ANSIBLE: the simplest open-source automation engine
Ansible is an open-source automation engine and it automates cloud provisioning, configuration management, and application deployment. Once installed on a control node, it’s an agentless architecture, connects to a managed node through the default Open SSH connection type. Michael DeHaan, the author of the provisioning server application cobbler and co-author of the Func framework for remote administration, developed the platform.
Automation engine is Esko’s workflow server. It automates prepress tasks, which speed up the process but also reduces the error rate and the need for operator intervention. Esko’s is a graphic arts company producing prepress software and hardware for the packaging and labels, sign and display, commercial printing and publishing industries. Ansible can be deployed to virtualization environments and public and private cloud environments like VMware, Amazon web services etc.
Cloud provisioning is the allocation of cloud provider’s resources, to a customer. When a cloud provider accepts a request from a server, it will create automatically the appropriate number of virtual machine’s and allocates the resources to support them. It provides virtual machines for the customers, behalf of their request and allocates it to them.
Configuration management is a system’s engineering process for maintaining consistency of a product’s performance, functional and physical attributes with its requirements, design and operational information throughout its life. Deployment should be interpreted as a process that has to be customized according to specific requirements or characteristics. This activity can occur at producer side or customer side or in both.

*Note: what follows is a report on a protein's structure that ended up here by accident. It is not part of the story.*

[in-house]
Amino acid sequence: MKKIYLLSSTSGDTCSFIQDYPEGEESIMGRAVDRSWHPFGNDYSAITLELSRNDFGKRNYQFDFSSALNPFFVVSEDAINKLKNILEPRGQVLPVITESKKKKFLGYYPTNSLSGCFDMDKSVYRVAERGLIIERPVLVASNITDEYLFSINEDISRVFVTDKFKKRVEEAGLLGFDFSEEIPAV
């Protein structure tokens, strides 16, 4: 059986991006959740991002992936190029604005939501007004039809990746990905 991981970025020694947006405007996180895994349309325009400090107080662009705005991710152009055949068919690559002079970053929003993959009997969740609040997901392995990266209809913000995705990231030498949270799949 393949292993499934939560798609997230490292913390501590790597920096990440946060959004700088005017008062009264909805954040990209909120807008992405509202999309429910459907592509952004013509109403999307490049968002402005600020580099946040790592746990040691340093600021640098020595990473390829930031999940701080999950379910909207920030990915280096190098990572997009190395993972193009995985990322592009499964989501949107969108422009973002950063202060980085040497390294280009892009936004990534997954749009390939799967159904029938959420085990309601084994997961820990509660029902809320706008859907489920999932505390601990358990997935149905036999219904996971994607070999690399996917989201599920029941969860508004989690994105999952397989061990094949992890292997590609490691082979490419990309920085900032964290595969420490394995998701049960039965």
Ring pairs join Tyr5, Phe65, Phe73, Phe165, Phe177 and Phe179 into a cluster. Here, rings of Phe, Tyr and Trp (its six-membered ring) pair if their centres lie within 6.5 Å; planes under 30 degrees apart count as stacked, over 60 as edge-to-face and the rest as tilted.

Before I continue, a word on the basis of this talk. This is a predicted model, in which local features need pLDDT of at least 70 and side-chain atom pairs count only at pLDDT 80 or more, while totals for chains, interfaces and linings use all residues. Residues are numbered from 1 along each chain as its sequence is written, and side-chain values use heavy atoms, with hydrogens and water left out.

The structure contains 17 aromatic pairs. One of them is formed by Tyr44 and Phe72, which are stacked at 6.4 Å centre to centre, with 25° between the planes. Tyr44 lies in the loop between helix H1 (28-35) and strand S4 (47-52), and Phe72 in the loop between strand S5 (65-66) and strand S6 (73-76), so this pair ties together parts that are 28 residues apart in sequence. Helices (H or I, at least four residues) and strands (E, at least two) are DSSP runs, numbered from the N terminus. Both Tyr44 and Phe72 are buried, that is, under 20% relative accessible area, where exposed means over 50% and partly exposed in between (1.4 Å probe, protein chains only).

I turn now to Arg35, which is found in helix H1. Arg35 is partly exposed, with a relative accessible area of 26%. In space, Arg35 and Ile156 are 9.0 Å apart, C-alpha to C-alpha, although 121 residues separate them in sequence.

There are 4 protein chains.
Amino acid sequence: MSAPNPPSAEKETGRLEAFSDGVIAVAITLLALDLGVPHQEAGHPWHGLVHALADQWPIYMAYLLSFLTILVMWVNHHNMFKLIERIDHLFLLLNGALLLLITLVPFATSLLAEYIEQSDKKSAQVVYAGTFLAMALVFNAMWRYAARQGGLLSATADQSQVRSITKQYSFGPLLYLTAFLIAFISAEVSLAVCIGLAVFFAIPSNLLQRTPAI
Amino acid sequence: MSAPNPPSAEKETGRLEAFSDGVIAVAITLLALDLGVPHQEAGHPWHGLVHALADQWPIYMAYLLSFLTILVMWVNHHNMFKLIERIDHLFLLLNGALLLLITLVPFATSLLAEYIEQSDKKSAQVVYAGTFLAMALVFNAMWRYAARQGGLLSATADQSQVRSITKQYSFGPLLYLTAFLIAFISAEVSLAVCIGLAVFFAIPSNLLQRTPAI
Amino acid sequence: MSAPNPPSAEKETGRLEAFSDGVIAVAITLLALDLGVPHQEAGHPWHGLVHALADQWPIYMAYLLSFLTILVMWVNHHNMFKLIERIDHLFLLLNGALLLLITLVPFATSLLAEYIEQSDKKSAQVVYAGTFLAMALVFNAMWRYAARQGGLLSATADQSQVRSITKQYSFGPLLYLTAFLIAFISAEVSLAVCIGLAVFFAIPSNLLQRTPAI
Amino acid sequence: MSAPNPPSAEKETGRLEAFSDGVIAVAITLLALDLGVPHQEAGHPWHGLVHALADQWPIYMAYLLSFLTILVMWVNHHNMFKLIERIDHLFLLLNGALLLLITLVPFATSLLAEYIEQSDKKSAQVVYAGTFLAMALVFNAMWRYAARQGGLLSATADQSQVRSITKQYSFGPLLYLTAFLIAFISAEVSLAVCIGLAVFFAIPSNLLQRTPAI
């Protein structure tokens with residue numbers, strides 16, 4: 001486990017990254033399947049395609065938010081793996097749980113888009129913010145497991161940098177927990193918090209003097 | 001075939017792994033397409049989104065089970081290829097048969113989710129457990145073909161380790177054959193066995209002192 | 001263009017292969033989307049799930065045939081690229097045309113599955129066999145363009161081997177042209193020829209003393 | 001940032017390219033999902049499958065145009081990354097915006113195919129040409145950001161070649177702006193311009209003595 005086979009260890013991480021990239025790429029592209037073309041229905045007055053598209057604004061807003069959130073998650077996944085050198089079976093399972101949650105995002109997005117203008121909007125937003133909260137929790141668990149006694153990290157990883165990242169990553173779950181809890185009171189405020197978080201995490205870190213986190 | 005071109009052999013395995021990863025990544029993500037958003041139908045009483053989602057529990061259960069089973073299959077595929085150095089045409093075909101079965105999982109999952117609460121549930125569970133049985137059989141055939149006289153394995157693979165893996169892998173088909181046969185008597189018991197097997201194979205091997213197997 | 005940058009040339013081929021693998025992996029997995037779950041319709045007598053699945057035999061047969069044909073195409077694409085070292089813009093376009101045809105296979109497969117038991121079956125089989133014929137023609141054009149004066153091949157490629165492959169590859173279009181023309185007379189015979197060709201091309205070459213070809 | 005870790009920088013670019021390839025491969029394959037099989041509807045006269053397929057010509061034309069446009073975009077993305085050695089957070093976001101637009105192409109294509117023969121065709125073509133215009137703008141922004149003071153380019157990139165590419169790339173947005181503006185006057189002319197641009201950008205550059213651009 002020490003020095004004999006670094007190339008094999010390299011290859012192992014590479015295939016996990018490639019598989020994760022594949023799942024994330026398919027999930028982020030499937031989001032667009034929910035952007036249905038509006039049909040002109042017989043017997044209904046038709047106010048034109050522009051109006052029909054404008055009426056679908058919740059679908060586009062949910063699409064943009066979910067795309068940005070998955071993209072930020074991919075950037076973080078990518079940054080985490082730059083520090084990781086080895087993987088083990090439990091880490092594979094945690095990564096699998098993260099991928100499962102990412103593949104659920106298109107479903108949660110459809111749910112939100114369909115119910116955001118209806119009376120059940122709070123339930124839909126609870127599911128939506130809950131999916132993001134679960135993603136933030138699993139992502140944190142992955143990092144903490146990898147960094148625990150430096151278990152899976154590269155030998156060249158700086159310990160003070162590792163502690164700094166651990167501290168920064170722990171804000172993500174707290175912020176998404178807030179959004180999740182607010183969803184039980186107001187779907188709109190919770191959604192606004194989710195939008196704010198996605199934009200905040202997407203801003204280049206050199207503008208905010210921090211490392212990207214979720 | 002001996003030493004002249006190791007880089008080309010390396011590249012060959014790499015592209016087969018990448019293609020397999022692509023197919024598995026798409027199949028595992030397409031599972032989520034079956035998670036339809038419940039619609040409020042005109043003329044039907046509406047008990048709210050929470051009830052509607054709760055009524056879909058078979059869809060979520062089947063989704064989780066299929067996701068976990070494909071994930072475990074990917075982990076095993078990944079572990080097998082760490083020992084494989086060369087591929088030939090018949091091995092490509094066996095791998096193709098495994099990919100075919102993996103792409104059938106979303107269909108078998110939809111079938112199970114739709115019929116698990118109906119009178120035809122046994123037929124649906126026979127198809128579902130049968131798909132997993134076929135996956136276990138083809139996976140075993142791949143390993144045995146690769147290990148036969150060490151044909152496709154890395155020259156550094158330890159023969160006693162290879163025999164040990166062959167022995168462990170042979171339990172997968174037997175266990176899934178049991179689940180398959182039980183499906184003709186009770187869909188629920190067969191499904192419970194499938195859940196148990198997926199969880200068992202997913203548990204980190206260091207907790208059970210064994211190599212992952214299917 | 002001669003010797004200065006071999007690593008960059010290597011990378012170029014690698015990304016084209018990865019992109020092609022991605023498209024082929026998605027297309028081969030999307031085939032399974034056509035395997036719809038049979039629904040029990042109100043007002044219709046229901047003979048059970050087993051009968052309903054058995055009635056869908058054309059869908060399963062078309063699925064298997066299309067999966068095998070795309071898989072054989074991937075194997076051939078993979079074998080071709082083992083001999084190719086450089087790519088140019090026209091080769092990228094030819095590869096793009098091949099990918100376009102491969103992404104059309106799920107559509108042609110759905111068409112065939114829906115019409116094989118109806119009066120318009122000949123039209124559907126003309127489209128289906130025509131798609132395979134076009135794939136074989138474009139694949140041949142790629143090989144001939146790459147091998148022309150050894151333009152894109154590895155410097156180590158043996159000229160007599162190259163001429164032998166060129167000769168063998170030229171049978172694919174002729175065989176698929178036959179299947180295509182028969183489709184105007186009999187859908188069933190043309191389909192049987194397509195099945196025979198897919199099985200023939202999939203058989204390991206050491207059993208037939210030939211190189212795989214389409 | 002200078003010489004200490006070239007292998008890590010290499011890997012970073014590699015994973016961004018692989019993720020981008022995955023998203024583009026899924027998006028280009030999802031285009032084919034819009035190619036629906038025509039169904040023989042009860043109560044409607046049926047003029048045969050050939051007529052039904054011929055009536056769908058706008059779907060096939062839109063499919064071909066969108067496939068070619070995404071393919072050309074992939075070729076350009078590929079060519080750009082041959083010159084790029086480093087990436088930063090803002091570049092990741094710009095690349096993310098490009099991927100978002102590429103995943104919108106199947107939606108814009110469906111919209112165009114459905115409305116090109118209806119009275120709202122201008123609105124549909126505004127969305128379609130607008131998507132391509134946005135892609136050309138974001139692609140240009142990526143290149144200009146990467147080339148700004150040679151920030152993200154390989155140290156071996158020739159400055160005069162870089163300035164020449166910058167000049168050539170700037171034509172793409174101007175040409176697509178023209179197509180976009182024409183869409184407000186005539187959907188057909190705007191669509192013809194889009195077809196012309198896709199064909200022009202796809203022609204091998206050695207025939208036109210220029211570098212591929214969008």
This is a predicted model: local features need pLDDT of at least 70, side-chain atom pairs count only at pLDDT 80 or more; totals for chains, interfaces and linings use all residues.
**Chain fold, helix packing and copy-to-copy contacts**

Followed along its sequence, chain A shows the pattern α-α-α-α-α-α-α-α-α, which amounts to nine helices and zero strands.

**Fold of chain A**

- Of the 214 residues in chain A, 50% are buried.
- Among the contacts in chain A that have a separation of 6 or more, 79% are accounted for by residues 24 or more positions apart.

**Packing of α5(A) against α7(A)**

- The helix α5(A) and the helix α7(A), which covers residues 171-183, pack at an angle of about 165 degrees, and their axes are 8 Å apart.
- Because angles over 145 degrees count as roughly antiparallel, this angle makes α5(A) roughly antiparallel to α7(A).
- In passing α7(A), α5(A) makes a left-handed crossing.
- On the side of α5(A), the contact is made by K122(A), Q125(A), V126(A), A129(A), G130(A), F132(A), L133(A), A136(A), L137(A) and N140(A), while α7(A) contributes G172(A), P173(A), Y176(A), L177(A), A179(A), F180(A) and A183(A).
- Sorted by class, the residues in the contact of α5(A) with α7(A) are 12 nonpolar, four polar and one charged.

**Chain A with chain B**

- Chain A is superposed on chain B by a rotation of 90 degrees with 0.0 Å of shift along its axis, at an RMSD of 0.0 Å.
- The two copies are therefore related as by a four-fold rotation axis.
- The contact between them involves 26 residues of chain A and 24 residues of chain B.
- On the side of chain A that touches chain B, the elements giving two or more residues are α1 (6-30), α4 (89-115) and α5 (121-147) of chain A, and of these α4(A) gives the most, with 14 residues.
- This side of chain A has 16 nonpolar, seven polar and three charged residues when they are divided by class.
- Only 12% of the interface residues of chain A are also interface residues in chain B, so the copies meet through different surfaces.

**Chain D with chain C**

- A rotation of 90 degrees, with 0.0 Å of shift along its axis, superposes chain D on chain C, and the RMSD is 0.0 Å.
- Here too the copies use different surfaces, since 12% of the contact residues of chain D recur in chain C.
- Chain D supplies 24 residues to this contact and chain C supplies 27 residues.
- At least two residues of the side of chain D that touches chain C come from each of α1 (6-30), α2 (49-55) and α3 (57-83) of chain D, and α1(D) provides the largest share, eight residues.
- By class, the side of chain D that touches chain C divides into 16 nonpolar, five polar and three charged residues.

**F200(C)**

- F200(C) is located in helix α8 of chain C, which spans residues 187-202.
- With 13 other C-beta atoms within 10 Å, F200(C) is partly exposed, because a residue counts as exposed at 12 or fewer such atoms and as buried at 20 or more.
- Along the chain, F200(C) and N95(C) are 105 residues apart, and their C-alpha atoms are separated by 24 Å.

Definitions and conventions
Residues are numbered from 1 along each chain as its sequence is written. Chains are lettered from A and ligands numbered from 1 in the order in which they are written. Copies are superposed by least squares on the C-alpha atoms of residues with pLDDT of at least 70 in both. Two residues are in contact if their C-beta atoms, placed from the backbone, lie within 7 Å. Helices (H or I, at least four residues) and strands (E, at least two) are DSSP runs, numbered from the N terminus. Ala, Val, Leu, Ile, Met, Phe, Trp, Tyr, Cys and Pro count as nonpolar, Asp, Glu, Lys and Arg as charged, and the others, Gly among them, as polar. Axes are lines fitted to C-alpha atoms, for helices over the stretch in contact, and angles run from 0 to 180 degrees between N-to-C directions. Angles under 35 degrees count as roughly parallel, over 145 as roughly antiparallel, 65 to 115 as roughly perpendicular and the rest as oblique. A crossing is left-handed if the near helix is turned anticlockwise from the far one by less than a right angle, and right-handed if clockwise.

As with most configuration management software, Ansible distinguishes two types of servers:
- Controlling machines
Controlling Machines: This is where orchestration begins. Nodes are managed by a controlling machine over SSH. The controlling machine describes the location of nodes through its inventory.
Nodes: Ansible deploys modules to nodes over SSH. Modules are temporarily stored in the nodes and communicate with the controlling machine through a JSON protocol over the standard output. When Ansible is not managing nodes, it does not consume resources because no programs are executing for Ansible in the background.
Ansible uses an agentless architecture when compared with other configuration management software like Chef, Puppet, and CFEngine. With agent-based architecture, nodes must have a locally installed daemon which communicates with a controlling machine. Having an agentless architecture, nodes are not required to install and run background daemons to connect with a controlling machine. This type of architecture reduces the overhead on the network by preventing the nodes from polling the controlling machine.
Design goals of Ansible include:
Minimal in nature
Low learning curve
Ansible is used by IT teams, by ansible tower. It is an API, web service, and web-based console. Inventory is a description of the nodes, can be accessed by Ansible. By default, the Inventory is described by a configuration file, in INI format, whose default location is in /etc/ansible/host. The configuration file lists either the IP address hostname of each node that is accessible by Ansible. In addition, nodes can be assigned to groups. Ansible can deploy big data, storage, and analytics environments in Hadoop, Riak, and Aerospike. For all the three, it helps to manage each node’s resource consumption, consuming CPU time and memory in the process. It provides monitoring capabilities that measure such properties as available CPU resources, which can help in the supervision of these nodes.
Vishnu Priya Bose C. is B.Tech graduate in Computer Science from College of Engineering, Cherthala. She has a passion towards IT and is active in updating the latest developments in IT. She loves to share the information and her views on latest technology in media. Currently, she is doing RHCE certification programme.